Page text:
Long live glorious suburbia: diverse, accessible, spacious, sociable

It may have been damned by Virginia Woolf, but it has new champions now
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The Independent Online

Are you afraid of Virginia Woolf? You may well admire her literary genius and sympathise with her for being such a vulnerable depressive. But there's something about her which is really quite terrifying, and that's her obnoxious, insufferable snobbery.

Are you afraid of Virginia Woolf? You may well admire her literary genius and sympathise with her for being such a vulnerable depressive. But there's something about her which is really quite terrifying, and that's her obnoxious, insufferable snobbery.

There is a moment in The Hours, the movie starring Nicole Kidman as Woolf, when this arrogance is made apparent as she turns to her husband and says: "If the choice is between Richmond and death, I choose death."

To American movie-goers, the line would mean little. But to people at last week's London premiere of The Hours – the likes of Richard Branson and Elton John – it was belly-achingly funny. Their guffaws could be heard all the way from the West End to the Tudorbethan outposts of Golders Green and Buckhurst Hill. For today, just as in the days of the Bloomsbury Group, there is nothing vilified more than what Woolf called "the suffocating anaesthetic of the suburbs".

Town – epitomised by Bloomsbury – was bliss to the author of Mrs Dalloway. The country – by way of the retreat at Charleston – was fine. But the suburbs, with their rows of terraced houses, their tea rooms and their shops selling anti-macassars and aspidistras, were unthinkable. And those at the premiere of The Hours thought the same.

Suburbia's role as the urbanites' punchbag may have endured over the years, but the places themselves have changed. The suburbs of not just Virginia Woolf's day, but also Elton John's – the Fifties childhood he spent as little Reg Dwight in Pinner – are long gone. The net curtains have given way to wooden blinds; the grocer is replaced by the Italian deli selling organic produce; the stationers is now an internet café. And in Richmond you're more likely to find the houses occupied by Jerry Hall, David Attenborough, Mick Jagger and Annabel Goldsmith than the descendants of Mr Pooter.

Perhaps the most difficult thing about suburbia today is how to define it. It's hard to distinguish any more where the city ends and the suburb begins. It used to be a dormitory, where people such as Betjeman's Elaine stepped daintily off the train, her Jacqmar scarf trailing behind her. You went into the city centre to dine out, or go to university, or work for a notable publishing house. You can do all of these in the suburbs today.

They're certainly the places where most people still live. A third of us live in semis, the classic compromise between privacy and price. The structure might be the same, but each home carries its own stamp of individuality, with a hint of far more sophistication than, say, 80 years ago.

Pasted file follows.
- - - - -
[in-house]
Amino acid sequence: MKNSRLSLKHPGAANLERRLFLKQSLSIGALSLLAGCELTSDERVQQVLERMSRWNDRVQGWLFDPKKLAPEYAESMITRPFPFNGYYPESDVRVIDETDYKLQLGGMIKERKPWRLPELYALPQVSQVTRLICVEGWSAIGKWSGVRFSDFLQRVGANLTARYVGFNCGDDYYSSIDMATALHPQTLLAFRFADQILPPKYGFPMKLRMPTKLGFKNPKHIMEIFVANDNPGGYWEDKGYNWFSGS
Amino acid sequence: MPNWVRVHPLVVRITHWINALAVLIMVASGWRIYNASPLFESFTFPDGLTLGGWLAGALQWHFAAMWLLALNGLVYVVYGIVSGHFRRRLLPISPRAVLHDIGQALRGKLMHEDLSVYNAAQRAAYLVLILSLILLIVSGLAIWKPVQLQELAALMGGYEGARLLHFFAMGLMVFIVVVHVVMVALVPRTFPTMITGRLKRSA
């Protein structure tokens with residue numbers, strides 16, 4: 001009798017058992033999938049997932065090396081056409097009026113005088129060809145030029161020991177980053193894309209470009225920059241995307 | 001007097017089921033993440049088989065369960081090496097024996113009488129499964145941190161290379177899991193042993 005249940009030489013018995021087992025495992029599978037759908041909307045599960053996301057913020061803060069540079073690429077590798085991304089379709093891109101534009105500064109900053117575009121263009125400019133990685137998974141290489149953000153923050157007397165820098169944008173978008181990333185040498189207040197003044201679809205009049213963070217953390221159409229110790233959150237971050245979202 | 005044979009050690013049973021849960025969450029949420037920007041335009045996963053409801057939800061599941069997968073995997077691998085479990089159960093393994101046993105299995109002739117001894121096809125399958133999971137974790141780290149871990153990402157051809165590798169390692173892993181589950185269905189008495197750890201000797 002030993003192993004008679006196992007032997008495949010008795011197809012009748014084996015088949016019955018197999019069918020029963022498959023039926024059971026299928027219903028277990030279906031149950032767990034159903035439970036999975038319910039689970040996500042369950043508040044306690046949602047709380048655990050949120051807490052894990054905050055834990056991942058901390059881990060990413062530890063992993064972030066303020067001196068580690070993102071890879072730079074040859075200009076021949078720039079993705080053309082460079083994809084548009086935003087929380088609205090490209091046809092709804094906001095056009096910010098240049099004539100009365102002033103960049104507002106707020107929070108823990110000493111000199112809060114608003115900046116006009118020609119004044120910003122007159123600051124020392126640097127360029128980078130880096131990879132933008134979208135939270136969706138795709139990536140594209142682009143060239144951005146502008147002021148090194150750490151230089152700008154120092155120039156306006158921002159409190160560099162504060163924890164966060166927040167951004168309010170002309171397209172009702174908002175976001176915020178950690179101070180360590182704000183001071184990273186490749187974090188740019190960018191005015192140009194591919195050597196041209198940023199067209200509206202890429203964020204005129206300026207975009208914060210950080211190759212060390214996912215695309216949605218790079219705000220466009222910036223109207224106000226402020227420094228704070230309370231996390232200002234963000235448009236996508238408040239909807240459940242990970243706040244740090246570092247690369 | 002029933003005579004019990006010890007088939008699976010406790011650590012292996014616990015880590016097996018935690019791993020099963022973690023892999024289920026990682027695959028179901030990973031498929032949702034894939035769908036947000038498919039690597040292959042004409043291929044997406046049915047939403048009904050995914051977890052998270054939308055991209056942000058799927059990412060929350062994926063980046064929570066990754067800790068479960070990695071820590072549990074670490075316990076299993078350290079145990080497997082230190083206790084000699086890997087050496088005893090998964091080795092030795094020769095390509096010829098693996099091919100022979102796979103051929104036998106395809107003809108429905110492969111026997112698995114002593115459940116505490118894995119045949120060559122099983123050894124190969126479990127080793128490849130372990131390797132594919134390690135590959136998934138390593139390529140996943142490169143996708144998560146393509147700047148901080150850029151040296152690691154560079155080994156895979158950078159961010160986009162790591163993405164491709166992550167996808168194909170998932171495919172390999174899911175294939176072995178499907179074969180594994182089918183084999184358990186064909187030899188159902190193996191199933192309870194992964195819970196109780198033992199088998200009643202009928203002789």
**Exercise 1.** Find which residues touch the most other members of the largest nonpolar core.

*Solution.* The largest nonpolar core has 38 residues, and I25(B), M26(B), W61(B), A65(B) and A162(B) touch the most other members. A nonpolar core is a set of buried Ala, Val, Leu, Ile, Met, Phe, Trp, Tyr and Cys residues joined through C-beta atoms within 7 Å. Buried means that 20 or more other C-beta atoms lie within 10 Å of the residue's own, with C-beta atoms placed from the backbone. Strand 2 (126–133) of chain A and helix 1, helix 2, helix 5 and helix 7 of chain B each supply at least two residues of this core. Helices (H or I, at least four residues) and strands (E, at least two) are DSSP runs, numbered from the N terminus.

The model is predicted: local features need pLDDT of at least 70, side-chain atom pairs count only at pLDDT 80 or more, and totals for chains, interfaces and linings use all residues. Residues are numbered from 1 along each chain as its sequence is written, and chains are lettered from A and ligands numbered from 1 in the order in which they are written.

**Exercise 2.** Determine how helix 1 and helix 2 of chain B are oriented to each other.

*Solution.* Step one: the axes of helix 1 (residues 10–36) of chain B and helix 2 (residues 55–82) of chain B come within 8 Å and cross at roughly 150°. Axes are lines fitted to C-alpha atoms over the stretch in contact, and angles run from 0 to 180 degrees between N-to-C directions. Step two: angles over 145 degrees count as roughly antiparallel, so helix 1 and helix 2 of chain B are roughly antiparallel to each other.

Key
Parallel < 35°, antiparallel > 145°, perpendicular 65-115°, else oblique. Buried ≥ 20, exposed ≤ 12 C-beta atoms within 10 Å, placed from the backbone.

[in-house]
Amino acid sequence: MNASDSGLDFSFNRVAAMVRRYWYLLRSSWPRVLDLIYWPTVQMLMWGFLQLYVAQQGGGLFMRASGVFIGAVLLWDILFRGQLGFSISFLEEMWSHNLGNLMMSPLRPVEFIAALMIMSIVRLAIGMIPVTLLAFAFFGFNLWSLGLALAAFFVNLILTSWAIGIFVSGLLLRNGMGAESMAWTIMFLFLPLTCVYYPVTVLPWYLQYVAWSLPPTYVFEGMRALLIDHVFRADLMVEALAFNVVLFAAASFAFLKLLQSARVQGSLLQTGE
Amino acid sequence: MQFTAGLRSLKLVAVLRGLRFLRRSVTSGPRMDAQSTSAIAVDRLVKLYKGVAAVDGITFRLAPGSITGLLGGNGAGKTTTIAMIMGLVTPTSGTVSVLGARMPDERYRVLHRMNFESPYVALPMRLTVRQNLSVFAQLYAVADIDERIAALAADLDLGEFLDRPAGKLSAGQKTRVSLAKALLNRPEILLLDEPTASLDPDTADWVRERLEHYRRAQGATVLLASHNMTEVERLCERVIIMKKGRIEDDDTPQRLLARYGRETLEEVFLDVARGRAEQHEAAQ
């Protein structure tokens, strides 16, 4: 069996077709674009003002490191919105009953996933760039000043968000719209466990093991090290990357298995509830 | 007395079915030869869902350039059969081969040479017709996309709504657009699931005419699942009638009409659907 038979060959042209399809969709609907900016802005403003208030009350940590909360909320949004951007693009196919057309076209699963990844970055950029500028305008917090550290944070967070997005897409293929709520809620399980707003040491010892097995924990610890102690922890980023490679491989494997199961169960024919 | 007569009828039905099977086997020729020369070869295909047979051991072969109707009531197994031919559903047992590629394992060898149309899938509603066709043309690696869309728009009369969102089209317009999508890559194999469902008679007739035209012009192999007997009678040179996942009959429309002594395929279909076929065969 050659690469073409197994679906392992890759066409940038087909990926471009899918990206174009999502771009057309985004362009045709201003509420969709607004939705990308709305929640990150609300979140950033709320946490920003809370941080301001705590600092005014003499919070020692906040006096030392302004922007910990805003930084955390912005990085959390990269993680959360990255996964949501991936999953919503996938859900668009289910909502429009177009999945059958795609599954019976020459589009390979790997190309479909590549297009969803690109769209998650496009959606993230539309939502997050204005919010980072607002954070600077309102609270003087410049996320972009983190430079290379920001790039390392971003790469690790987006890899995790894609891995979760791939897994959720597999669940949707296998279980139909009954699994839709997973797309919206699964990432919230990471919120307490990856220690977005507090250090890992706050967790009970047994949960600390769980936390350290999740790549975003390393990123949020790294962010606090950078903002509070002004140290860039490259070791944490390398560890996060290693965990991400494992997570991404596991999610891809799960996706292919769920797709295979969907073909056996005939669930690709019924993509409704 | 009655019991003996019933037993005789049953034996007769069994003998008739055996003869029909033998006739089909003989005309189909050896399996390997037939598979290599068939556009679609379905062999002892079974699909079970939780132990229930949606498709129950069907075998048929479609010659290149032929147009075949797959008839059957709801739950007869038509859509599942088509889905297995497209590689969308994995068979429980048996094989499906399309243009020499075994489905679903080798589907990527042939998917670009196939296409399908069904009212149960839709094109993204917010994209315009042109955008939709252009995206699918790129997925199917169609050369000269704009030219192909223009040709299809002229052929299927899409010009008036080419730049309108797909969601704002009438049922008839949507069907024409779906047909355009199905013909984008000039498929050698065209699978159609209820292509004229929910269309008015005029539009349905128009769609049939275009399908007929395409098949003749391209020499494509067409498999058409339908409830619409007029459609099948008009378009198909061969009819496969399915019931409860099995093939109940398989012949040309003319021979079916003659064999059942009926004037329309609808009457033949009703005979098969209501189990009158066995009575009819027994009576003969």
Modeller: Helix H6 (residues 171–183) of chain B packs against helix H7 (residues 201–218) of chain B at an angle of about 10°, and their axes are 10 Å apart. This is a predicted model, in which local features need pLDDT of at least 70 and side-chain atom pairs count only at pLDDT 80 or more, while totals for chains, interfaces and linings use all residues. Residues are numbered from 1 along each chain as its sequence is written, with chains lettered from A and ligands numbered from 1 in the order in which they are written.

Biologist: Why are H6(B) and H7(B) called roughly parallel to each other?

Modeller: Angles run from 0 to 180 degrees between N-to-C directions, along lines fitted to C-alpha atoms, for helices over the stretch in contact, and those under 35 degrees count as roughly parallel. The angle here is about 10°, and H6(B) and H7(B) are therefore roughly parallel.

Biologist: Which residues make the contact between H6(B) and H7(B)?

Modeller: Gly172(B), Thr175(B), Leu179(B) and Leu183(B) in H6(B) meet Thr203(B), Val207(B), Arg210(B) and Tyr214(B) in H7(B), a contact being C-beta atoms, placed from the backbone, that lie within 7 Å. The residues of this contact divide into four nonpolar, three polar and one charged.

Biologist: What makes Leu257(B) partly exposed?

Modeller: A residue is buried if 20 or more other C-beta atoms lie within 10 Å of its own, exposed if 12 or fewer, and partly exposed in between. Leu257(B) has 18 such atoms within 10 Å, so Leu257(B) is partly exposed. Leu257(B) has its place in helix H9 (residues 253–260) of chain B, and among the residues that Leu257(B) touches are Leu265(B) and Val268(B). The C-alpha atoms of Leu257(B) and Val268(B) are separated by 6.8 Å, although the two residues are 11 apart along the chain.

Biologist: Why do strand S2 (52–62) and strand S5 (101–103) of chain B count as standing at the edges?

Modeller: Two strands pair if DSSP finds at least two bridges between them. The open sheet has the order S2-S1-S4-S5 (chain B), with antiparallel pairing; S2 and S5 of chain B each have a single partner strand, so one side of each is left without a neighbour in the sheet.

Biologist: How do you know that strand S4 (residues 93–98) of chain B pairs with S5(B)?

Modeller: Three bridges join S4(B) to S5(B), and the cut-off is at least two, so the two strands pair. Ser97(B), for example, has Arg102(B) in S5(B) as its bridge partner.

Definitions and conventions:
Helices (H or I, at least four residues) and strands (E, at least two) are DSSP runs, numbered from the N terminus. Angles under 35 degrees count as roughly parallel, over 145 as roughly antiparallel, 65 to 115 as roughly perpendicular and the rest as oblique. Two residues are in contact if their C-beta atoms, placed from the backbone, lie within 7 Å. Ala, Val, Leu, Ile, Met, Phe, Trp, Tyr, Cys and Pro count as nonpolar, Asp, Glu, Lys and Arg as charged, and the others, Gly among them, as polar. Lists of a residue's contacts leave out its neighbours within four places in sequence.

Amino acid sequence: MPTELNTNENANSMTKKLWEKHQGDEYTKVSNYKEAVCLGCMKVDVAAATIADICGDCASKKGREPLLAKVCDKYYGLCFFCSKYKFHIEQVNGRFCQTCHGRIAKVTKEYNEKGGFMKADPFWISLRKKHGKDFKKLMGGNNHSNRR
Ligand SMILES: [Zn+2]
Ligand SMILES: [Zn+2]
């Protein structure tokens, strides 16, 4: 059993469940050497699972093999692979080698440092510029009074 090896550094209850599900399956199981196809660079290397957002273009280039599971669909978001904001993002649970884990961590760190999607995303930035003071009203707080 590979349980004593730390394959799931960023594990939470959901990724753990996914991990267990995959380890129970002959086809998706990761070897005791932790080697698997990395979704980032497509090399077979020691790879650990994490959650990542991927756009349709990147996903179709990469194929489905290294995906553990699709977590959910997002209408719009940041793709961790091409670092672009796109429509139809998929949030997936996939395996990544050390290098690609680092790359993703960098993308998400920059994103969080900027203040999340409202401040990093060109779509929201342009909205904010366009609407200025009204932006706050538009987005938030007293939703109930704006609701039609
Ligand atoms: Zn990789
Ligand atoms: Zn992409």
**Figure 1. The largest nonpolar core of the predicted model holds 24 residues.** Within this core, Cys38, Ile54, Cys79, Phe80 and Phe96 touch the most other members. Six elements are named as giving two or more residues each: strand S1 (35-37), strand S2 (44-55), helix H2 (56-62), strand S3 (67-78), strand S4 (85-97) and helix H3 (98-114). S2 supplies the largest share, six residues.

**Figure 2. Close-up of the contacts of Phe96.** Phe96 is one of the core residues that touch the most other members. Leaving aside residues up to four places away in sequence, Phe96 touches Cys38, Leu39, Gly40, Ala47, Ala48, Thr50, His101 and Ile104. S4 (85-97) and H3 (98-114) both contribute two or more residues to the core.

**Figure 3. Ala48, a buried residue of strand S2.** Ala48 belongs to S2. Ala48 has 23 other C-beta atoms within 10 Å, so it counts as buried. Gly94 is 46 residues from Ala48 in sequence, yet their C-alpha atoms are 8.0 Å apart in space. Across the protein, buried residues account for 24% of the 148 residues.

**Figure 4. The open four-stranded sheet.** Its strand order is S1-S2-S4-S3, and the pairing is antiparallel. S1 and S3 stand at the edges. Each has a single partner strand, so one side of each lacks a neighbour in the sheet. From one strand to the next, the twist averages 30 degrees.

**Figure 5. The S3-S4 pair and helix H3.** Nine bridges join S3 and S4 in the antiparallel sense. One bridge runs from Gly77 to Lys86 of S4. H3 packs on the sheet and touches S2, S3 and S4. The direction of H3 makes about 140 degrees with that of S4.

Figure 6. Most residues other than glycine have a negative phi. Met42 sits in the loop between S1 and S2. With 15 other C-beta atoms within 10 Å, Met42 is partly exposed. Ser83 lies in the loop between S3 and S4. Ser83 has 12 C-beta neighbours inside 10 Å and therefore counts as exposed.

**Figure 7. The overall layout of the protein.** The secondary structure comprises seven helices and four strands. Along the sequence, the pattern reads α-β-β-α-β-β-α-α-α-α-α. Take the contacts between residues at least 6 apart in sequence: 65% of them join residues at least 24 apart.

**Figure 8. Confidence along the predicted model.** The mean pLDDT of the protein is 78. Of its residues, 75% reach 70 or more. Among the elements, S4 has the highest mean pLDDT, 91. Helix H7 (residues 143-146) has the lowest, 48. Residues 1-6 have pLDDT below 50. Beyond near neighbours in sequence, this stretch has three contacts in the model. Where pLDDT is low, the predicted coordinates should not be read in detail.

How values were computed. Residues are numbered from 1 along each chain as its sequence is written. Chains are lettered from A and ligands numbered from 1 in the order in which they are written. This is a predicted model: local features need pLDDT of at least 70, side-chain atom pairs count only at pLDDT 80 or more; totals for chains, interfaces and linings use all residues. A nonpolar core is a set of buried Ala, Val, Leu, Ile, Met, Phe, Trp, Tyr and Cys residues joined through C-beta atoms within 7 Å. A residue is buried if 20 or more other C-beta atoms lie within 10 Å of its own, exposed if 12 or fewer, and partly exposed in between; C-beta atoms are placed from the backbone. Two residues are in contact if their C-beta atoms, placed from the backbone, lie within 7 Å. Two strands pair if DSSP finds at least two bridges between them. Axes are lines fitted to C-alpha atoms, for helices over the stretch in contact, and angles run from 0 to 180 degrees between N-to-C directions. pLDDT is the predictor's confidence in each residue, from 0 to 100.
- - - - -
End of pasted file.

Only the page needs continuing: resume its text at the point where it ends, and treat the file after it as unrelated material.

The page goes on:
Virginia Woolf might have thought them dreary then, but people who lived in them liked them because they felt safe. The very atmosphere that caused people to leave also inspired others to stay. If the price to pay for lacking any sense of adventure was the absence of violent crime, then they were willing to do so. Yet today, many of our suburbs are just as affected by crime as inner cities. Muggings, burglaries, assaults are all common. The school run clogs the roads, the trains are always jammed to the gunnels. Suburbia's certainly not utopia.

So why not live in the heart of things, close to work, amid the buzz of 24-hour living, in the city that never sleeps, if the suburbs are no longer a safe haven?

The answer to that conundrum lies in the Skyhouses unveiled last week as a solution to London's housing crisis. Architects Julia Barfield and David Marks, the couple behind the London Eye, have come up with a plan for towers of up to 50 floors containing 500 flats. The designers say that they can build affordable housing – the flats could start at less than £75,000 – but the main reason is the high density, the number of people squashed into the site.

It's the kind of city living that suits someone at work all day, and out all night. But for people who want their own patch of garden, a neighbour to talk to, and a good school for their children, above all, who see home as a "nest" rather than a statement, Skyhouses are an architectural concept that just won't catch on. But places such as Richmond, Barnet and Harrow still appeal, because they're diverse, they're accessible, they're spacious and they're sociable. It's just a shame they're called suburbs. Perhaps if we called them "borderland", or "cityedge", even the urbanites might approve.

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